Mark Gilbert's Blog

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CAML = Needle is passing through my eye

My current project called for a CAML query that took, as one of its filters, a Lookup field’s ID.  In past instances, I had been doing this based on the Lookup field’s text value – what the user actually sees when they select it from the SharePoint page layout drop down – but in my current case this wouldn’t do because the text wasn’t unique.  My data had perfectly valid, but duplicate, items in it.  Hence, I needed to filter based on the underlying ID.

Items in a SharePoint list have both an “ID” and a “UniqueID”.  The latter is a GUID, which, as the acronym indicates is a globally unique identifier.  The former is an integer that works more like an Identity in SQL Server – the number starts at 1 for the first item added to the list, and grows from there.  IDs for items that are deleted don’t appear to be reused for new items, so within the context of a specific list, IDs are also unique.

My original CAML query looked like this:

<Query>
  <Where>
    <And>
      <And>
        <Eq>
          <FieldRef Name=”Product_x0020_Field”/>
          <Value Type=”Lookup”>My Product</Value>
        </Eq>
        <Eq>
          <FieldRef Name=”Question_x0020_Field”/>
          <Value Type=”Lookup”>What is your favorite color?</Value>
        </Eq>
      </And>
      <Eq>
        <FieldRef Name=”Previous_x0020_Question_x0020_Re”/>
        <Value Type=”Lookup”>Blue</Value>
      </Eq>
    </And>
  </Where>
</Query>

Now, that worked to retrieve data, except that the data it pulled back had duplicates in it.  I needed a way to weed the unwanted duplicates out.  If you look at the “formatted” version of “Previous Question Required Answer” (which is what the last EQ clause is querying on; see the second rant below for an explanation as to why the field name appears as it does above), you will see that it returns both the ID of the lookup field value, as well as the text of the field value, separated by a ;# character combination, for example “1034;#Blue”.  Trying to query on the ID portion of that value is in vain – there doesn’t appear to be any way to do it.  CAML queries to that effect simply result in an error.

So, to get around this issue, I ended up using the query above, and then manually weeding through the results looking for the ID that I really wanted.  A hack, to be sure, but since my particular query was pretty well guaranteed to not bring back more than a dozen or so results ever, the performance hit walking through the records one by one was acceptable.

OK sports fans, now it’s time for a rant double header.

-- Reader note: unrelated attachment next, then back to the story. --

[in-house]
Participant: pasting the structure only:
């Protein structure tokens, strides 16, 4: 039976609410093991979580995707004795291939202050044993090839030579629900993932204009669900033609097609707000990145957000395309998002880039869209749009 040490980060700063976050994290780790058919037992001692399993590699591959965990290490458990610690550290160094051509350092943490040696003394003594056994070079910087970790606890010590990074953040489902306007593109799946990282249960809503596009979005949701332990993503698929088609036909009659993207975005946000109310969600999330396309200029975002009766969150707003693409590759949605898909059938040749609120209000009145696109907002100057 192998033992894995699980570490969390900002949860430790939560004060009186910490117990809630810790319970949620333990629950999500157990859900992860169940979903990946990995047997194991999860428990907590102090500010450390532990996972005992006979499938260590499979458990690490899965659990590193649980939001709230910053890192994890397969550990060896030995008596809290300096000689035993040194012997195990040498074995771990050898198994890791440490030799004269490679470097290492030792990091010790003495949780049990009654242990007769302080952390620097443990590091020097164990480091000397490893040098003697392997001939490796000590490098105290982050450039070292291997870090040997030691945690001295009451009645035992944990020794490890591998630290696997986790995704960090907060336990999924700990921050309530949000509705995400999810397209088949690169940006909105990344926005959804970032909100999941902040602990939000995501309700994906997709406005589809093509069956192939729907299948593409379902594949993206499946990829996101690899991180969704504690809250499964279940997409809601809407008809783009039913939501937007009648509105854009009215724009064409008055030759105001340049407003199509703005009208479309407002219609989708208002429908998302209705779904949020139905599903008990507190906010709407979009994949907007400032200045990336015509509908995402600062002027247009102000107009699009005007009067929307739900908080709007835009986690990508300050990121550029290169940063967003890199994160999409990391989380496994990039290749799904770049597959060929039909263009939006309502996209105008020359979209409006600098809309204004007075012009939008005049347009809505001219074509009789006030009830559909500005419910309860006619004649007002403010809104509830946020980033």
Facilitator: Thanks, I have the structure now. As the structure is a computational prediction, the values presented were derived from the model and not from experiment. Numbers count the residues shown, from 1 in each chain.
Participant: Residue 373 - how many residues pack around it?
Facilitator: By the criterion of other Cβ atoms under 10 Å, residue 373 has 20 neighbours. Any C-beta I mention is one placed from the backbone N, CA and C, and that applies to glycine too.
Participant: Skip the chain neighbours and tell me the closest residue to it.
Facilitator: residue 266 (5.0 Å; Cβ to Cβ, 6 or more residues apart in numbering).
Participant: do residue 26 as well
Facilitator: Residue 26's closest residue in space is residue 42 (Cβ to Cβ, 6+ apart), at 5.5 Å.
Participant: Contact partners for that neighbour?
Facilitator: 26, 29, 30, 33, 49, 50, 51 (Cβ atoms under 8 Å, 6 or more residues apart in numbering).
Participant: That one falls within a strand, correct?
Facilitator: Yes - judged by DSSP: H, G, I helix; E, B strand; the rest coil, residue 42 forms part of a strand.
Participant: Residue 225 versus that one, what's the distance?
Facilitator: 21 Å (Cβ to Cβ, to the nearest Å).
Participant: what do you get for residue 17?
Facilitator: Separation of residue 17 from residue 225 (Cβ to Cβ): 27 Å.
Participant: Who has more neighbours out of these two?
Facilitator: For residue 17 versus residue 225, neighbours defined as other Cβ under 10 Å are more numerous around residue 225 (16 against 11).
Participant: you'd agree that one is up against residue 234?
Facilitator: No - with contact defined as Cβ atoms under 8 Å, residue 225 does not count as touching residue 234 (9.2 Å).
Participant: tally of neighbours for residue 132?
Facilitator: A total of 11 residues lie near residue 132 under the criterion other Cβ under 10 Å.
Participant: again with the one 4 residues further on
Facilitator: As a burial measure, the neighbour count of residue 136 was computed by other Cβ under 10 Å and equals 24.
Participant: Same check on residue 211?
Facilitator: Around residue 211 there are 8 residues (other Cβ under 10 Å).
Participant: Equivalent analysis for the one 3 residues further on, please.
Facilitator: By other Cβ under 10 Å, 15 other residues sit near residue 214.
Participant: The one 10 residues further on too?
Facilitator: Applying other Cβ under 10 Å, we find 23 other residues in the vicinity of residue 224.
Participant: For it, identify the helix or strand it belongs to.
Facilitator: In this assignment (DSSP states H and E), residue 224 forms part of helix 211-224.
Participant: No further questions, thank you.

<rant>

Notice the use of the two AND keywords in the CAML query above.  It appears that the AND operator only allows two operands.  At most.  Ever.  To achieve a three-way filter, I have to nest one AND inside the other.

</rant>

<rant>

Notice the field name that I need to use for my third EQ test: “Previous_x0020_Question_ x0020_Re”.  Why would I use such a silly naming convention for my field?  Well, the field started out life as “Previous Question Required Answer”.  I couldn’t query on that name, however.  I am required to use the Internal Name of the field in the CAML query.  The Internal Name is assigned by SharePoint, and is created based on the name that you give the field.  So “Previous Question Required Answer” gets each of its spaces replaced with “_x0020_” to give you “Previous_x0020_Question_x0020_Required_x0020_Answer”.  If the conversion ended there, I’d be fine with it.  “x0020” is not that far off from “%20”, a common replacement in URLs.  However, why this renaming qualifies as a rant in my book is that the Internal Name property of a SharePoint field apparently has a 32-character limit, which is why the field needs to appear as “Previous_x0020_Question_x0020_Re” in the CAML.

</rant>

A camel passing through the eye of a needle may be difficult, but CAML sometimes feels like a needle is passing through my eye.

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April 19, 2007 - Posted by | MOSS

7 Comments

  1. Awesome Post. My compliments to the author.
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    Comment by TearIzUp | September 29, 2007

  2. Ran across this post through google and… well, that’s just an awesome title 🙂

    Cheers.

    Michael

    Comment by Michael A. Vickers | September 11, 2008

  3. Oh, and by the way — there *is* a way to lookup by ID number in case you haven’t found it since the time of this post…

    All you have to do is add the attribute LookupId=’True’ to the FieldRef tag, and then use the ID number of them record in the Value tag.

    Comment by Michael A. Vickers | September 11, 2008

  4. Thank you Michael! I wish I had known that 18 months ago.

    Comment by markegilbert | September 11, 2008

  5. Can I pass values to CAML Query?
    i.e
    Desktop

    How can I pass “Desktop” to the above code via a control (textbox) value?

    Comment by andyoye | January 14, 2009

  6. looks like it dint like the tags… 🙂

    Value Type=”Text”>Desktop /Value

    Comment by andyoye | January 14, 2009

  7. I’ll preface this by saying it’s been over 18 months since I’ve had to really dig into Sharepoint.

    From what I recall, the lookup values in the above query such as “My Product” or “Blue” actually came from lookup fields. The codebehind would grab those values off of the form post, build the CAML query, run it, and then parse through the results. Instead of trying to use a textbox in the CAML query, get just its value on the server-side, and build the query from there.

    Comment by markegilbert | January 15, 2009


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